The national unemployment rate edged down one-tenth of a percentage point, to 9.1 percent, in July as 117,000 were hired, according to this morning’s federal Bureau of Labor Statistics report. Some New Jersey economists had contrasting views of the development.
“Today’s results are a relief,” said James W. Hughes, dean of the Edward J. Bloustein School of Planning and Public Policy at Rutgers University. “The growth is better than we thought, and it remains on an upward trajectory.”
The private sector added 154,000 positions during the month, while 37,000 government jobs disappeared, according to Labor.
“The gain in private sector jobs is what’s important,” Hughes said, noting governments are trying to trim their budgets. “There is a dichotomy, though, between jobs growth, which is strong, and gross domestic product, where growth remains very weak.”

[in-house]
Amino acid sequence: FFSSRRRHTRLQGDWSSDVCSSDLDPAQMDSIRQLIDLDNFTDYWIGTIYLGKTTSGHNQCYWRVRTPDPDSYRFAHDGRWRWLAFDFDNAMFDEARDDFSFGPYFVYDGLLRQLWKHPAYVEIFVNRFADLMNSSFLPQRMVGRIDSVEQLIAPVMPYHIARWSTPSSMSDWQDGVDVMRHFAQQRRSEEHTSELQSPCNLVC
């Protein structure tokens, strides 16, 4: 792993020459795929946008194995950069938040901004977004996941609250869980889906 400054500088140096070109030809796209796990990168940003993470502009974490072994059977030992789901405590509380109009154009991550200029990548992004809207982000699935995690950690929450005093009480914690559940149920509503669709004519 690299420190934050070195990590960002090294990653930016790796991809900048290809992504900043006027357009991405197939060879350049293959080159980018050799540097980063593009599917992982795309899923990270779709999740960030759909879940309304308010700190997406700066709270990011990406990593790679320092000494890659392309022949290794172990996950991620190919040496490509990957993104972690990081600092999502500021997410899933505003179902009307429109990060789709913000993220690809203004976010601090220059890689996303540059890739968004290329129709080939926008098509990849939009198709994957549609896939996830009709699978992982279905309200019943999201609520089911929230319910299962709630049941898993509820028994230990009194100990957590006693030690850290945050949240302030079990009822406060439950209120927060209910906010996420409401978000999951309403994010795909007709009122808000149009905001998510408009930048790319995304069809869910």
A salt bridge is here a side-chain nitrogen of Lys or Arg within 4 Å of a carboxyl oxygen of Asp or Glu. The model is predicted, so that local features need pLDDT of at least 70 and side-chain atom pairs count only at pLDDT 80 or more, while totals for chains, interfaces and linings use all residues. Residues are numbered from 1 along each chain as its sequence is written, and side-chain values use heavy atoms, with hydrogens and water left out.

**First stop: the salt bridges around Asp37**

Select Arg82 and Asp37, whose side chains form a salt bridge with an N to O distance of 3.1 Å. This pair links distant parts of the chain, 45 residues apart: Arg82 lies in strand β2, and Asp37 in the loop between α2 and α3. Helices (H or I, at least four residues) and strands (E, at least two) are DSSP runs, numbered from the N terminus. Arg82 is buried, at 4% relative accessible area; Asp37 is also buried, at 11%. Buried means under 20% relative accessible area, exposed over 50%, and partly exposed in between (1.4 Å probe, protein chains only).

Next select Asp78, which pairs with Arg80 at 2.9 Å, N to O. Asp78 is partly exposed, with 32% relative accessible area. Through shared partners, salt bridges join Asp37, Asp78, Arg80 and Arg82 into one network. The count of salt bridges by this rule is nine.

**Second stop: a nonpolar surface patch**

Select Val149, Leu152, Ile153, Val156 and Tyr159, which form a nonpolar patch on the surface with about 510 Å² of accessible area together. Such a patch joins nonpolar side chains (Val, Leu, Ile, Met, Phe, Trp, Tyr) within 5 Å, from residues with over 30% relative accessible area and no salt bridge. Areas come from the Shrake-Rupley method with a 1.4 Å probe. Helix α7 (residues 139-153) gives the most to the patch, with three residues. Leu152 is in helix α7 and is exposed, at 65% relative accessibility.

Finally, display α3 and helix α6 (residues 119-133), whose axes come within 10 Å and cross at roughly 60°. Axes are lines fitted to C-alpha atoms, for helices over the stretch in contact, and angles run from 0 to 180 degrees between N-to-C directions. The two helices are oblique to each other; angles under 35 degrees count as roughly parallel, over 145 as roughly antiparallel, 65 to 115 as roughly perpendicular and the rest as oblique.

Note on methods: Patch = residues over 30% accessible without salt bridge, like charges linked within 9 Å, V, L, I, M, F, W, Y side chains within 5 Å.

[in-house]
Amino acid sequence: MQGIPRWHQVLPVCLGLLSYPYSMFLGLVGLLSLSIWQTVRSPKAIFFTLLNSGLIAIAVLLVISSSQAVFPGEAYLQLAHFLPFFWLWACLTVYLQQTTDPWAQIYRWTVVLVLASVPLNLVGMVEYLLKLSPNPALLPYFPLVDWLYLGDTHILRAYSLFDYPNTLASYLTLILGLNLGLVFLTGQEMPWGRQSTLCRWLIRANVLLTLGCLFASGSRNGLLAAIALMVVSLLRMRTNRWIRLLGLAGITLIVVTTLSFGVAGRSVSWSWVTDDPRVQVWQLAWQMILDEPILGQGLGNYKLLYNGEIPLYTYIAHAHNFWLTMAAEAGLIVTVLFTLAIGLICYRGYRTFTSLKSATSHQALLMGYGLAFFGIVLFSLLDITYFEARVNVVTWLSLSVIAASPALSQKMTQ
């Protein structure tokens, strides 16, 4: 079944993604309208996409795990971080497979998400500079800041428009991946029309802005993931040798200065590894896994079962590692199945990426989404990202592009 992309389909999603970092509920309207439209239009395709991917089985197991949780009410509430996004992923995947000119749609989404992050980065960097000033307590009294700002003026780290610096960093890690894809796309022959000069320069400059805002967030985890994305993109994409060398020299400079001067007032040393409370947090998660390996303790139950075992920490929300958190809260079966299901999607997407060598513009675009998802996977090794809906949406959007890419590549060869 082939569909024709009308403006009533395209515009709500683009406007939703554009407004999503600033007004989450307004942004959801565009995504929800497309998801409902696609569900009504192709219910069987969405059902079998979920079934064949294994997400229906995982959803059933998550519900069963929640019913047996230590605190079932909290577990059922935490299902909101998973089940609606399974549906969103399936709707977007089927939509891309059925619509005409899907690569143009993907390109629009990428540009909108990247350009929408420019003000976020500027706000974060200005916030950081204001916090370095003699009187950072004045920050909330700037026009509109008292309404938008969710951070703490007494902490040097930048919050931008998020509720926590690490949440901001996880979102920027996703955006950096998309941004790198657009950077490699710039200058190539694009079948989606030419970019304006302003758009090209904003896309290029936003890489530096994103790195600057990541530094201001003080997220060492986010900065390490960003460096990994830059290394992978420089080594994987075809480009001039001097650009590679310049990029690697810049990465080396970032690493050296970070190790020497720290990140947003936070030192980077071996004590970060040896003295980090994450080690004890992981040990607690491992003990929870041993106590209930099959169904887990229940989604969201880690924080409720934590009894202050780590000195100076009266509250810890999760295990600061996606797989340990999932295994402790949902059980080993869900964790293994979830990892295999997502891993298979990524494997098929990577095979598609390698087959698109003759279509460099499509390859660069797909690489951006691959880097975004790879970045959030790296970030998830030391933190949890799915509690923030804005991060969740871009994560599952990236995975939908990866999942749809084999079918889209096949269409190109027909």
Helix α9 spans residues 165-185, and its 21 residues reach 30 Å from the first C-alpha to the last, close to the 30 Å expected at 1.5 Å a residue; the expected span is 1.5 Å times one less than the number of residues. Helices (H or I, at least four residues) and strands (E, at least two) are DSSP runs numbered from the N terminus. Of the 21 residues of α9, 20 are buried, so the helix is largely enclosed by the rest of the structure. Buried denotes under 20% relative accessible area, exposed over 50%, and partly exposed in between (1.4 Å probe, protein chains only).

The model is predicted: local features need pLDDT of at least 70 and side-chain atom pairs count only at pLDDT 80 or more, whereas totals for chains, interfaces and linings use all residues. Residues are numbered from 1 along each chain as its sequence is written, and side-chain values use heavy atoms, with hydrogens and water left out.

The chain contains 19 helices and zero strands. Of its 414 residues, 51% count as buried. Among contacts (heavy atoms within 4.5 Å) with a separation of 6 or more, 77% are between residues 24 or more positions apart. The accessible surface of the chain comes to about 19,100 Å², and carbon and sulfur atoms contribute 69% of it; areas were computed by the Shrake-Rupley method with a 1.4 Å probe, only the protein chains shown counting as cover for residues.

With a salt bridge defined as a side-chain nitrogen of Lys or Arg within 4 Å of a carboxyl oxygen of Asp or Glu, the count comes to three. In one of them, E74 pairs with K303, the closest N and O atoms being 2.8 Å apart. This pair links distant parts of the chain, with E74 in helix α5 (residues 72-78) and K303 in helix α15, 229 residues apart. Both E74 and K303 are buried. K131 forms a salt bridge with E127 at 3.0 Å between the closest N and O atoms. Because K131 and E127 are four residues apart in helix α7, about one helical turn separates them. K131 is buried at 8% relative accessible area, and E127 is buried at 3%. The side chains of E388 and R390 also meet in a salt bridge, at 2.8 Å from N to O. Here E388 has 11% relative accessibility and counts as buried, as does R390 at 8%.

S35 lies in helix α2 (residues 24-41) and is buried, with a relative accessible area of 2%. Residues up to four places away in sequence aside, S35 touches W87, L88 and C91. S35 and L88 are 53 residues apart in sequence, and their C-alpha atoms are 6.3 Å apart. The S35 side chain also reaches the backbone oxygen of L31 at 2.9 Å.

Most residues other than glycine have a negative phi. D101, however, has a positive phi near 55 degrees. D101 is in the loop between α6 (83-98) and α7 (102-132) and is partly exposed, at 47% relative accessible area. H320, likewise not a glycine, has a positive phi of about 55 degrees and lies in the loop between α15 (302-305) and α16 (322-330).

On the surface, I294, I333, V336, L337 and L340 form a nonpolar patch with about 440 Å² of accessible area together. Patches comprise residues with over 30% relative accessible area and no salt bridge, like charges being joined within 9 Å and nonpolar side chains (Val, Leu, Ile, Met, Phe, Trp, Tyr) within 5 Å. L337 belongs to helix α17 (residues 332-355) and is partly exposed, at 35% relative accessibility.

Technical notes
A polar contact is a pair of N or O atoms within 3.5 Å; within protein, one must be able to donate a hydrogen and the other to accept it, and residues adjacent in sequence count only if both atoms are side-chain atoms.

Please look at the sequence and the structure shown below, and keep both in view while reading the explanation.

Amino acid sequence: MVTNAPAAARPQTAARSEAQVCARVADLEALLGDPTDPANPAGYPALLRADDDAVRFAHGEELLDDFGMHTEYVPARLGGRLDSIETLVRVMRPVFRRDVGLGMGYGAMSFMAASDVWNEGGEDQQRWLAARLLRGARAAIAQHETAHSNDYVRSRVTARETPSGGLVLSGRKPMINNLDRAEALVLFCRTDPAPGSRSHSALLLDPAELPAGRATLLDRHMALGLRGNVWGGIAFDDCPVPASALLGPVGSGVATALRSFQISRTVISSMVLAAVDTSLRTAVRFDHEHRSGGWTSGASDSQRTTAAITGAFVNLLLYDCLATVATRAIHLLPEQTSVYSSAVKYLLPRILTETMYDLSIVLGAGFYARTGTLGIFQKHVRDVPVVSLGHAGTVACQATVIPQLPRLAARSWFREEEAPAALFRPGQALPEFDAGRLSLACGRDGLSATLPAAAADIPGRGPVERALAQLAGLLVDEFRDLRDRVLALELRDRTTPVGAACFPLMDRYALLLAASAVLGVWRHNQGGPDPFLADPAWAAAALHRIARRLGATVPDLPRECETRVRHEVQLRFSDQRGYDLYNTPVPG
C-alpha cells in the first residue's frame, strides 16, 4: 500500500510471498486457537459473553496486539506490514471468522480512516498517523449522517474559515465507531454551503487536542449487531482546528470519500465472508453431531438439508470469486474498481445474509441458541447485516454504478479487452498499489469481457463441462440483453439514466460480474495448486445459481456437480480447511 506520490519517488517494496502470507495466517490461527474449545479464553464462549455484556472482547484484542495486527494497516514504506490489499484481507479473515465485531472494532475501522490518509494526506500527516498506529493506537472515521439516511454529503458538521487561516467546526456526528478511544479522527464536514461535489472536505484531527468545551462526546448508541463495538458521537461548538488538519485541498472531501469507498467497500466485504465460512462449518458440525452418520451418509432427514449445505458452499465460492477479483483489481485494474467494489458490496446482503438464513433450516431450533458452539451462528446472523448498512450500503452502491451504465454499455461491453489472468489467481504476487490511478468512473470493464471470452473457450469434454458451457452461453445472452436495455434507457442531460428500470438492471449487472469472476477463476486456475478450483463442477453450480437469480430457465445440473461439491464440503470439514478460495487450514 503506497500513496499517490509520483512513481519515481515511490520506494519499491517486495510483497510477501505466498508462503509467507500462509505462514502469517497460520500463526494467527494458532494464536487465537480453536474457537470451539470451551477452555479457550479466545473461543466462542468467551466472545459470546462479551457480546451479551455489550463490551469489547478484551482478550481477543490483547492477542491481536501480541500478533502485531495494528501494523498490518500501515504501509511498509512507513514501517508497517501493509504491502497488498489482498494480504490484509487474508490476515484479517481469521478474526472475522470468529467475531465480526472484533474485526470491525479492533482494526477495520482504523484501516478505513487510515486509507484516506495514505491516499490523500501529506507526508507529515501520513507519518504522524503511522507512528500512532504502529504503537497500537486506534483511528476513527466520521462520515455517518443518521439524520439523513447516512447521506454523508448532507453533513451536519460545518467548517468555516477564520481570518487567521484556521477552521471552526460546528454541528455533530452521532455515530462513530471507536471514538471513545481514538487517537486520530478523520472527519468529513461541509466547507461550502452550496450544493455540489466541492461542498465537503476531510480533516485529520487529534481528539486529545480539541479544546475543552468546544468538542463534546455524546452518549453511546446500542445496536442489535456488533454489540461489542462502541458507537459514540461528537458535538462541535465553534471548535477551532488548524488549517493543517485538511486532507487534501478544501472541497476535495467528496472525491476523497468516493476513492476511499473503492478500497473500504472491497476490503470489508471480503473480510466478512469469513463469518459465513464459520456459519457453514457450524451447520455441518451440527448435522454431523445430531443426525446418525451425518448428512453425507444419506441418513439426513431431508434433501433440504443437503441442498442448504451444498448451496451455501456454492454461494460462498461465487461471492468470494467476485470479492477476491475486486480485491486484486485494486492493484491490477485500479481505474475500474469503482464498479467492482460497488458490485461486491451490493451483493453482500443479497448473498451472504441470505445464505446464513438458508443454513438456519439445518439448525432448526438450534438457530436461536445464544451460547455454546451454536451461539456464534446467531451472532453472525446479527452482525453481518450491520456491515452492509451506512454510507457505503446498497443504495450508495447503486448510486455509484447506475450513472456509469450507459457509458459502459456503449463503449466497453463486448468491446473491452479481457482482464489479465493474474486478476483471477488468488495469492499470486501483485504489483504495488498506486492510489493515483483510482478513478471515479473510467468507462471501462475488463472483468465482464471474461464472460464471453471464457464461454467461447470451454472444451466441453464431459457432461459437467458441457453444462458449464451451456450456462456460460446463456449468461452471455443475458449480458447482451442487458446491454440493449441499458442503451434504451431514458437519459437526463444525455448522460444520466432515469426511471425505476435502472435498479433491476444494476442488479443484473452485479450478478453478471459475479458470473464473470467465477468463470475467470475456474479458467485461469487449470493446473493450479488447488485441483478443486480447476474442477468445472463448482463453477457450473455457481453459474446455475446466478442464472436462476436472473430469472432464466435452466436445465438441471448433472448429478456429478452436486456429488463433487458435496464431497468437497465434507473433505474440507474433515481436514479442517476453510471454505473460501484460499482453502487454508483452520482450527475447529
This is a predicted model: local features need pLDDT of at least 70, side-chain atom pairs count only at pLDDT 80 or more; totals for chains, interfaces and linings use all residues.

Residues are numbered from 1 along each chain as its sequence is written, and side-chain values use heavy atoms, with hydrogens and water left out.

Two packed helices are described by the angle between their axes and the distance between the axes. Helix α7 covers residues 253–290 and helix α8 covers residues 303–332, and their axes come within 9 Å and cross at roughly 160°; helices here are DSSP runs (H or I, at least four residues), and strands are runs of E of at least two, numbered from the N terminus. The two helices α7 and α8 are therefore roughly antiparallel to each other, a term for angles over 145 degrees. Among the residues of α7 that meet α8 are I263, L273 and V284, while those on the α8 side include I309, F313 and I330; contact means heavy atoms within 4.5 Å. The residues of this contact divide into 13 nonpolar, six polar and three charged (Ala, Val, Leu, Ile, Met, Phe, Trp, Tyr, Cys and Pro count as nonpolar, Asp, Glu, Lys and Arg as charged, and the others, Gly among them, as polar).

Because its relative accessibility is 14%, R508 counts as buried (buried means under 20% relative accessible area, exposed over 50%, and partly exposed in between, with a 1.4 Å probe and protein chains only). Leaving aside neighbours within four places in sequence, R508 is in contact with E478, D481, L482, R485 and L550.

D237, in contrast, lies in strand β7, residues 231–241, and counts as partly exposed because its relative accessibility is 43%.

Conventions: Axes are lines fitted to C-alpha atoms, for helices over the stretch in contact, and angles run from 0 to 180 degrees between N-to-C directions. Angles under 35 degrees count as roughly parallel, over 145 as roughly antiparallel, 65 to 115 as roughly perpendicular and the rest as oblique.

Hughes said the GDP — which measures the market value of all goods and services produced in the country — was likely constrained by a number of issues, including high energy prices, inclement weather and weak consumer confidence.
But another economist wasn’t impressed by the report.
“The 117,000 jobs gain may appear to be large,” said Patrick O’Keefe, director of economic research at the Roseland CPA firm J.H. Cohn LLP. “But that’s in part because expectations were so low that a snail could have jumped over them. The fact is that we were averaging about 135,000 new jobs per month during the first year of the recovery that started in March 2010, and that level of job creation was characterized as tepid. So this level is substandard.”
Even if the report is perceived by some observers as a positive sign, “it’s really one more in an array of disappointing economic reports we’ve seen during the last two months,” O’Keefe said.